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HAIKU DIALOGUE – The Haiku Mind – Hobbies & Introduction to Haiku Prism

 

Intro to Haiku Prism – A World in Color

During this dark time we could all use something to brighten up our weeks. I believe that each one of us carries an inner light that can be a source of solace for others. So let’s take that light and channel it through the magic and wonder of haiku to express our world in all its glorious colors. Let’s let haiku be our prism.

Each week I will be providing a new color for you to meditate on and write about. You do not need to name it in your haiku, simply let it be an aspect. You can take this in any direction you like from various flora & fauna, fruits & vegetables, clothing items, celestial bodies, household objects, etc…to various associated moods. Even think in related colors such as pink for red or gold for yellow. I am also happy to accept sub-genres including scifaiku and mythku.

next week’s theme: Yellow

Please send up to two unpublished haiku by clicking here: Contact Form, and put Haiku Dialogue in the Subject box. The deadline is midnight Eastern Standard Time, Saturday, April 4, 2020.

Selected haiku will be listed in the order they are received with a few chosen for commentary each week.

Please note that by submitting, you agree that your work may appear in the column – neither acknowledgment nor acceptance emails will be sent. All communication about the poems that are posted in the column can be added as blog comments.

Below is my commentary for Hobbies:

Thank you everyone for journeying with me through The Haiku Mind for the past eight weeks. I have enjoyed walking alongside you as you threw off your inner critic and began to trust your inborn abilities. All of you created truly wonderful haiku and senryu! I hope you will be able to take what you learned about yourself and about writing and carry it with you as you continue on your haiku path. It is also my absolute delight to be continuing on as your guest editor with Haiku Prism. I can’t wait to see the colorful haiku you create!

This week brought out a marvelous variety of subject matter and style! From failed hobbies:

dropped stitch
knitting
skips a generation

Laurie Greer, Washington, DC

We don’t always succeed in the hobbies we try out. Several years ago, I attempted crocheting as my own mother was quite well versed in it. It did not turn out well for me either! Like Laurie that ability seems to have skipped a generation. But, the important part is that we tried. For better or for worse, when we approach new hobbies we can discover more of ourselves and our unique abilities. As it’s said, “You won’t know until you try it!” What hobbies have you attempted?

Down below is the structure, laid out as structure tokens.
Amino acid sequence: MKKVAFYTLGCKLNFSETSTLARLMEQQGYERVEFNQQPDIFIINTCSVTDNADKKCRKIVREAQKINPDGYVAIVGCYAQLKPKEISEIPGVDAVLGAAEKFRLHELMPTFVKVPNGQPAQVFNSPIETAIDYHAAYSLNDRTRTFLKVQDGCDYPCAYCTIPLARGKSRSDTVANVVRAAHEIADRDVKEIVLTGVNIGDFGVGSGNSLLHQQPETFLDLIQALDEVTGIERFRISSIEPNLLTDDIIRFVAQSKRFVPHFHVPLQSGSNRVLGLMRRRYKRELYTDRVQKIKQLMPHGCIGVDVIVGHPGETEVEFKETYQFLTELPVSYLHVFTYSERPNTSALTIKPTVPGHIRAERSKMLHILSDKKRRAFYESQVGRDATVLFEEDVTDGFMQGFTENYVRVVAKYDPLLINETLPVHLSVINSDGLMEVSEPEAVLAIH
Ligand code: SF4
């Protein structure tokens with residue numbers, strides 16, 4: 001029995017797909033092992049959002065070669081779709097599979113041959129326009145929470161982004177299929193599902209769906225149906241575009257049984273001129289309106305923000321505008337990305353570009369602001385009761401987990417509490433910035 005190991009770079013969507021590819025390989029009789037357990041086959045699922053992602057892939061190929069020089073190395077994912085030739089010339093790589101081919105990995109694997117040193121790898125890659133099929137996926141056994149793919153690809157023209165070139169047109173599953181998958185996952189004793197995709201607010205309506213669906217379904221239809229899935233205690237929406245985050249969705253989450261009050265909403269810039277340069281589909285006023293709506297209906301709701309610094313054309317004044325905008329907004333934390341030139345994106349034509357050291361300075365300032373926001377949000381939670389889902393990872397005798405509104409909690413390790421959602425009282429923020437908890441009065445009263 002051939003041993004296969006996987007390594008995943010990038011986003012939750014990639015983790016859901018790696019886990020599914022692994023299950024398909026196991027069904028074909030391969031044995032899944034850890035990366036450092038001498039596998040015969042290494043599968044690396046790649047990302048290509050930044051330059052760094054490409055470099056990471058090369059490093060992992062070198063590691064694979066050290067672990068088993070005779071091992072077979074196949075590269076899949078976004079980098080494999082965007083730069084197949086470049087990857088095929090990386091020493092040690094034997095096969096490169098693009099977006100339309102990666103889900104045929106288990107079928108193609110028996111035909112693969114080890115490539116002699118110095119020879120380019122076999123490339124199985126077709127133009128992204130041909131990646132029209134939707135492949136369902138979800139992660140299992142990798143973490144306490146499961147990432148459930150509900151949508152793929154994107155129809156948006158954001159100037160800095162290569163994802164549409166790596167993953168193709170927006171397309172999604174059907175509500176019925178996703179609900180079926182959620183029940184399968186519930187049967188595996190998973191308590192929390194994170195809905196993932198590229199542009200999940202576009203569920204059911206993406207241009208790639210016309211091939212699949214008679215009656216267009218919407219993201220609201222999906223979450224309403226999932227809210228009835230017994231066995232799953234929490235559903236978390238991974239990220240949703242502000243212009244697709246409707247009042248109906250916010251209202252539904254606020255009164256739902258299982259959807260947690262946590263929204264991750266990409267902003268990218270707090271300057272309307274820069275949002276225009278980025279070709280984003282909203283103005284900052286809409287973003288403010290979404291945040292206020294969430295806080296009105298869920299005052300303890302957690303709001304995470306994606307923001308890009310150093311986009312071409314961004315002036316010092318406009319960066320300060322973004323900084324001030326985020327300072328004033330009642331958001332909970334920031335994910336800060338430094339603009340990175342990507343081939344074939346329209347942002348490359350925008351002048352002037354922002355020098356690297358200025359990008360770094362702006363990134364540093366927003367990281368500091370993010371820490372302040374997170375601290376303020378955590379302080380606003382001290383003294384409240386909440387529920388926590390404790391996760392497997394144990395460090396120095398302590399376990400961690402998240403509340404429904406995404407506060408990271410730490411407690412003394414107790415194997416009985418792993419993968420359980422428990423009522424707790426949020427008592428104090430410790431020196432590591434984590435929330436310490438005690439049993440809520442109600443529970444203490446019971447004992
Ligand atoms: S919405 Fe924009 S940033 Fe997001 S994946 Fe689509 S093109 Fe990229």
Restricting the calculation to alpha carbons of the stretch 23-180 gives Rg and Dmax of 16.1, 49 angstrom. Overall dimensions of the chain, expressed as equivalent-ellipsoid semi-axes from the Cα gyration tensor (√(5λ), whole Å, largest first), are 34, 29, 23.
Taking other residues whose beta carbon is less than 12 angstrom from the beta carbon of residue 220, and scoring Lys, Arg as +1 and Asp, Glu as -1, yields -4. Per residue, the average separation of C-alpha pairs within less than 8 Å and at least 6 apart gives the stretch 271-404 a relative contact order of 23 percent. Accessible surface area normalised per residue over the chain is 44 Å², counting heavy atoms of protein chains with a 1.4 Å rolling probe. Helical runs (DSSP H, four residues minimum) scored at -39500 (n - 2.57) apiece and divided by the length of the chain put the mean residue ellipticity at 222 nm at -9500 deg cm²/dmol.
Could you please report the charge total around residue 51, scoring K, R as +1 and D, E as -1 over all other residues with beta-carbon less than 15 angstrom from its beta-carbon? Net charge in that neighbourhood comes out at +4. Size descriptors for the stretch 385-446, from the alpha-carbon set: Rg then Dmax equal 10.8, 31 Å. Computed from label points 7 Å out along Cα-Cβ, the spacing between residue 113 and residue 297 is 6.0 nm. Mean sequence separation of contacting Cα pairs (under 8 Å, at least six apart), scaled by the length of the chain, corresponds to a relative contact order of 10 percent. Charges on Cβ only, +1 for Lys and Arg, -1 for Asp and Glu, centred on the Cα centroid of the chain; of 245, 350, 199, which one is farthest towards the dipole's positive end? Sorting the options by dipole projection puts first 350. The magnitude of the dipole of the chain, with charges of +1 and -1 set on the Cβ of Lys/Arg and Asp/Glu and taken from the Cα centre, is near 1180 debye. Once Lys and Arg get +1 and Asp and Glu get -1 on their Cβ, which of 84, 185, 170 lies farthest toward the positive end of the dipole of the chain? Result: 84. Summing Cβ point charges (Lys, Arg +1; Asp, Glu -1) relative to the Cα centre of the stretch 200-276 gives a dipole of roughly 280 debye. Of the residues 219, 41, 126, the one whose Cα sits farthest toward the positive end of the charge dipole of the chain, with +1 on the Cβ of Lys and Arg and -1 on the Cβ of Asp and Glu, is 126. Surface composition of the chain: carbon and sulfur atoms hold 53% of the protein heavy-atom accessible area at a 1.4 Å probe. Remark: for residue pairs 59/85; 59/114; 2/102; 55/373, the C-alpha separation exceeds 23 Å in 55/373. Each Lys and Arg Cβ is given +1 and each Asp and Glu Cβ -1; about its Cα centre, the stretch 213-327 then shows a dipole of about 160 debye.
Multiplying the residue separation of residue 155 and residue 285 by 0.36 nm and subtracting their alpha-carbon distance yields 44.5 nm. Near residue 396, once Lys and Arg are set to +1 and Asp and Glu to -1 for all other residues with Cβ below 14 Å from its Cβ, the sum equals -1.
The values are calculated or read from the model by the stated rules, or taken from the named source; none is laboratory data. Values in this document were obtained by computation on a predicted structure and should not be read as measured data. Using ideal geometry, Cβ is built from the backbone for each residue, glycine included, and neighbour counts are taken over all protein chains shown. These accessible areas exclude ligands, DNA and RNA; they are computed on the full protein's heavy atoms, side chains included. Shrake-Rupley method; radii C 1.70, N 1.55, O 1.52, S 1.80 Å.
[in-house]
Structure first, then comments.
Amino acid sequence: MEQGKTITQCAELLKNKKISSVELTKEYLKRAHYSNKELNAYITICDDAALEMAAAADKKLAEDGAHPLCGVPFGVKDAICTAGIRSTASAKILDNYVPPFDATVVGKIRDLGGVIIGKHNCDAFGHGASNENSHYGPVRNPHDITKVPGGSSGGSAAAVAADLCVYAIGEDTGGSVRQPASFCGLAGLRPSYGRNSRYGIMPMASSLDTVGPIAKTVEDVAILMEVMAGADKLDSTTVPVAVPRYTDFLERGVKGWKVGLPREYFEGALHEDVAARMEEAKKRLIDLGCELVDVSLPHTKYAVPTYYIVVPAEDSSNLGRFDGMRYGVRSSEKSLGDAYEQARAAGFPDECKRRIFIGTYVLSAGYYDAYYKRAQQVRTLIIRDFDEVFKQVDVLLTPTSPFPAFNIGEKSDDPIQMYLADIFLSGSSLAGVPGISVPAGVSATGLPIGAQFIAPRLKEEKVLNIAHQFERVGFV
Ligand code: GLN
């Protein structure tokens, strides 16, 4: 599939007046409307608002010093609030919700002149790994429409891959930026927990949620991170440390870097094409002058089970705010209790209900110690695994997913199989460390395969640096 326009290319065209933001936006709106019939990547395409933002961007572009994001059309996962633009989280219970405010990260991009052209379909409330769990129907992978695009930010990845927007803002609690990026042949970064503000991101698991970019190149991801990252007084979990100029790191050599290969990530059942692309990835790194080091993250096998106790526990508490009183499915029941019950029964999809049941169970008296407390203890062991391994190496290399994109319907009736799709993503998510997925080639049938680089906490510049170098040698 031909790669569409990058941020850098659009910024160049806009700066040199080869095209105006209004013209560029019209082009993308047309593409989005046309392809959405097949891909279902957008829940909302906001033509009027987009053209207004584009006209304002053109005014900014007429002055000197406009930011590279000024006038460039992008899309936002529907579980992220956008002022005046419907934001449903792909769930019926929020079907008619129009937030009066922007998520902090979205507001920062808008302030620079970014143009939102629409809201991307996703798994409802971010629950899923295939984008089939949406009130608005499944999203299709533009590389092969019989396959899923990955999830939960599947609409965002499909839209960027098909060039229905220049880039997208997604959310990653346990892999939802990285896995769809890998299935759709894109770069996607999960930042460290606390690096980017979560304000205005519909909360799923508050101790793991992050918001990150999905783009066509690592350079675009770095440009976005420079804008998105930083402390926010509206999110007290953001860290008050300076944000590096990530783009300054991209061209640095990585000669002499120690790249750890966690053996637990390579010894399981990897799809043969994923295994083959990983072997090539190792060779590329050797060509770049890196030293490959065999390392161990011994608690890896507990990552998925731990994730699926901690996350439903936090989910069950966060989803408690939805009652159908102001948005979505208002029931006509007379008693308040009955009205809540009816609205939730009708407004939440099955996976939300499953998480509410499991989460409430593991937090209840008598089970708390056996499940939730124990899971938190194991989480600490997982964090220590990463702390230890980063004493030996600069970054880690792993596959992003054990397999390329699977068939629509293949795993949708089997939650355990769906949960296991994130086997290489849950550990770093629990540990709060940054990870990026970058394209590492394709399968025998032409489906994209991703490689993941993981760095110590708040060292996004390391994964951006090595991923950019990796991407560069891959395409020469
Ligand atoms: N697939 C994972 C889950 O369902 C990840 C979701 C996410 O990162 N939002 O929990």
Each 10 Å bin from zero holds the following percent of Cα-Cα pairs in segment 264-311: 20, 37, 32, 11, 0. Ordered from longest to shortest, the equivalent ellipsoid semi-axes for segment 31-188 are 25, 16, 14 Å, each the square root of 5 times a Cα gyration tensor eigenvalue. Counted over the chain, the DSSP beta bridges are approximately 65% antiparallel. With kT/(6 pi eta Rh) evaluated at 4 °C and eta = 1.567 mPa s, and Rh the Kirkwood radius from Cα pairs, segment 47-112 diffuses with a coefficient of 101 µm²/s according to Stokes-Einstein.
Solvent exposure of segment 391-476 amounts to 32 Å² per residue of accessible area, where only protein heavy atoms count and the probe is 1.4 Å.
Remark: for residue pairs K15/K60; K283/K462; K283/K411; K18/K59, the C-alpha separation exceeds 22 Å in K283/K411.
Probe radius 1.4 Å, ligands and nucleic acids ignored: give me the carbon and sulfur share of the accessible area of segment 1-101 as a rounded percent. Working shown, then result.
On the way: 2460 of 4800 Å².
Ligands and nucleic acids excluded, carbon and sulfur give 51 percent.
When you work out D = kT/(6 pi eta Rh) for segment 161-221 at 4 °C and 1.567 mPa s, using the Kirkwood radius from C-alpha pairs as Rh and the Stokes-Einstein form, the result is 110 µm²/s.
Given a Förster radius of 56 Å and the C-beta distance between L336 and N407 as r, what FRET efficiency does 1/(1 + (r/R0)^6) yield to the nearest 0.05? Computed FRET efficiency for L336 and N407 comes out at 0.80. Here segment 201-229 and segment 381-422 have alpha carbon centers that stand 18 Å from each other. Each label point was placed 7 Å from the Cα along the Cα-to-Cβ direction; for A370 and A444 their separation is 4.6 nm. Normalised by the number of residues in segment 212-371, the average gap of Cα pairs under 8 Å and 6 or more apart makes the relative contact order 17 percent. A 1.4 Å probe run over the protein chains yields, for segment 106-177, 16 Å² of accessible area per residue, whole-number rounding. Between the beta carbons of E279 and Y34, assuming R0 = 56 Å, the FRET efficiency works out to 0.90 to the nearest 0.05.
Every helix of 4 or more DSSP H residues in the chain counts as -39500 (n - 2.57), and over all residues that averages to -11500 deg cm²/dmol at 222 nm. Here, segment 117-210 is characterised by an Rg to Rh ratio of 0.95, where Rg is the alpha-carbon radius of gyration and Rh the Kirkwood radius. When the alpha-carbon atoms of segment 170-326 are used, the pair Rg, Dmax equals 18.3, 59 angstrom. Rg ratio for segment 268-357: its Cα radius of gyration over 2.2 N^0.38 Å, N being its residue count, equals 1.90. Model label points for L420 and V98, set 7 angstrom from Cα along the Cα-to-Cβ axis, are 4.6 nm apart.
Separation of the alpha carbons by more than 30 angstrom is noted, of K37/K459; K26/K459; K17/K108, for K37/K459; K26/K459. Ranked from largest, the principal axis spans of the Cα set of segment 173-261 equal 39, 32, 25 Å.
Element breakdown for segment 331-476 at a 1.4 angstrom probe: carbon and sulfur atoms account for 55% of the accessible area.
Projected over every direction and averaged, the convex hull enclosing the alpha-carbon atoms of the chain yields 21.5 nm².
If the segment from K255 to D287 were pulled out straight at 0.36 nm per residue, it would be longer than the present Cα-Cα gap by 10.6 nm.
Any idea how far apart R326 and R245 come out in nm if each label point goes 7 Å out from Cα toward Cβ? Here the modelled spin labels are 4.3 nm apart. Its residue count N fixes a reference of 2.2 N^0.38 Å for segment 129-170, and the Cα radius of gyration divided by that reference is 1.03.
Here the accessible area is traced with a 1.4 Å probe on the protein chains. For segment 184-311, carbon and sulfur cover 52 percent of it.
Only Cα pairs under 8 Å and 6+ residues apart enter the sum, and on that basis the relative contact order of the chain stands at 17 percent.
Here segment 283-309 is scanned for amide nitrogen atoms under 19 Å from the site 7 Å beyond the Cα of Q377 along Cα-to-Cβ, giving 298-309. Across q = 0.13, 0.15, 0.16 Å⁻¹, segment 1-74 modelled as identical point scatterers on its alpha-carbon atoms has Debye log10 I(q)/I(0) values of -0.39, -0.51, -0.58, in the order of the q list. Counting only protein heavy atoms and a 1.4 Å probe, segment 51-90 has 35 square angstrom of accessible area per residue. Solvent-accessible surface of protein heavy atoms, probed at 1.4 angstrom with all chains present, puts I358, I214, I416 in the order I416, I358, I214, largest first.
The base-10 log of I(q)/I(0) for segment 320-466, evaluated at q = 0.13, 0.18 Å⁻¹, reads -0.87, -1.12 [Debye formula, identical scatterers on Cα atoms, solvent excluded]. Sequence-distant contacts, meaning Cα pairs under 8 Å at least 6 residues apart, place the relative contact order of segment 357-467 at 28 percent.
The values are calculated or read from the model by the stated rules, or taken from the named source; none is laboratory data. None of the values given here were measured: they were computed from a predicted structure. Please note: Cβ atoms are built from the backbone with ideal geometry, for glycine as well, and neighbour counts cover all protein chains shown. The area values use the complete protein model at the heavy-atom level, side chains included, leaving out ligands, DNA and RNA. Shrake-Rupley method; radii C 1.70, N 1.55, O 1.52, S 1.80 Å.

To finding the good in the now:

lock-down time for that patchwork quilt

Ingrid Baluchi, Macedonia

I am deeply impressed with how we are all coming together to find ways to make it through. Whether it is singing out of our windows together or utilizing social media to our advantage like never before, we are finding ways to cope. Individually, I think many of us have set personal goals for what we can achieve now that we don’t have other obligations or distractions. For Ingrid it’s working on her patchwork quilt, which I also see as representing the stitching together of humanity in this time of crisis. Such a beautiful image. What is your quarantine-time activity?

Or discovering the past:

pulling off
my garden gloves . . .
Mom’s hands

Ann K. Schwader, Westminster, CO

This moment is one I know well. My own mother was an excellent gardener and just last year I had my chance to truly begin my own garden. One day, I pulled off my gloves and there I saw my mother’s hands. In fact, one of the first things I noticed about my eldest daughter when she was born was that she also has my mother’s hands. Discovering these threads to the past can be inspiring or disheartening depending on your experiences. The older we get, the more our parents and grandparents reveal themselves in us, and not just physically, which can be quite jarring. I imagine this is what Ann was feeling when she pulled off her own garden gloves. What a great haiku moment! What about you, in what ways do you resemble past generations?

I’d love to read your responses in the comments section below. While you’re there you can talk about your favorite poems from this week, provide your own commentary, or even join in a discussion. All are welcome! I hope you enjoy the rest of this week’s selections, they are truly marvelous. With that, happy reading!

lockdown
another reading
of the same book

Aparna Pathak

 

writing group
I try once more to explain
the rules of renku

Marion Clarke, Warrenpoint, Northern Ireland

 

philately-
around the world
in a minute

Lakshmi Iyer

 

Grandma’s Singer –
I sew protective masks
with flowers

Zdenka Mlinar

 

half asleep . . .
scrolling through
the unknown faces

Manoj Sharma

 

social distancing
my new hobby
staying indoors

Stephen A. Peter

 

wall painting
the crow’s caw
unable to reach my ears

Muskaan Ahuja, Chandigarh, India

 

corona virus
too much free time
for hobbies

Slobodan Pupovac, Zagreb, Croatia

 

confined…
his collection of stamps
from around the world

Olivier Schopfer, Switzerland

 

me, myself and I
we head out
for a hike

nancy liddle

 

afternoon thunder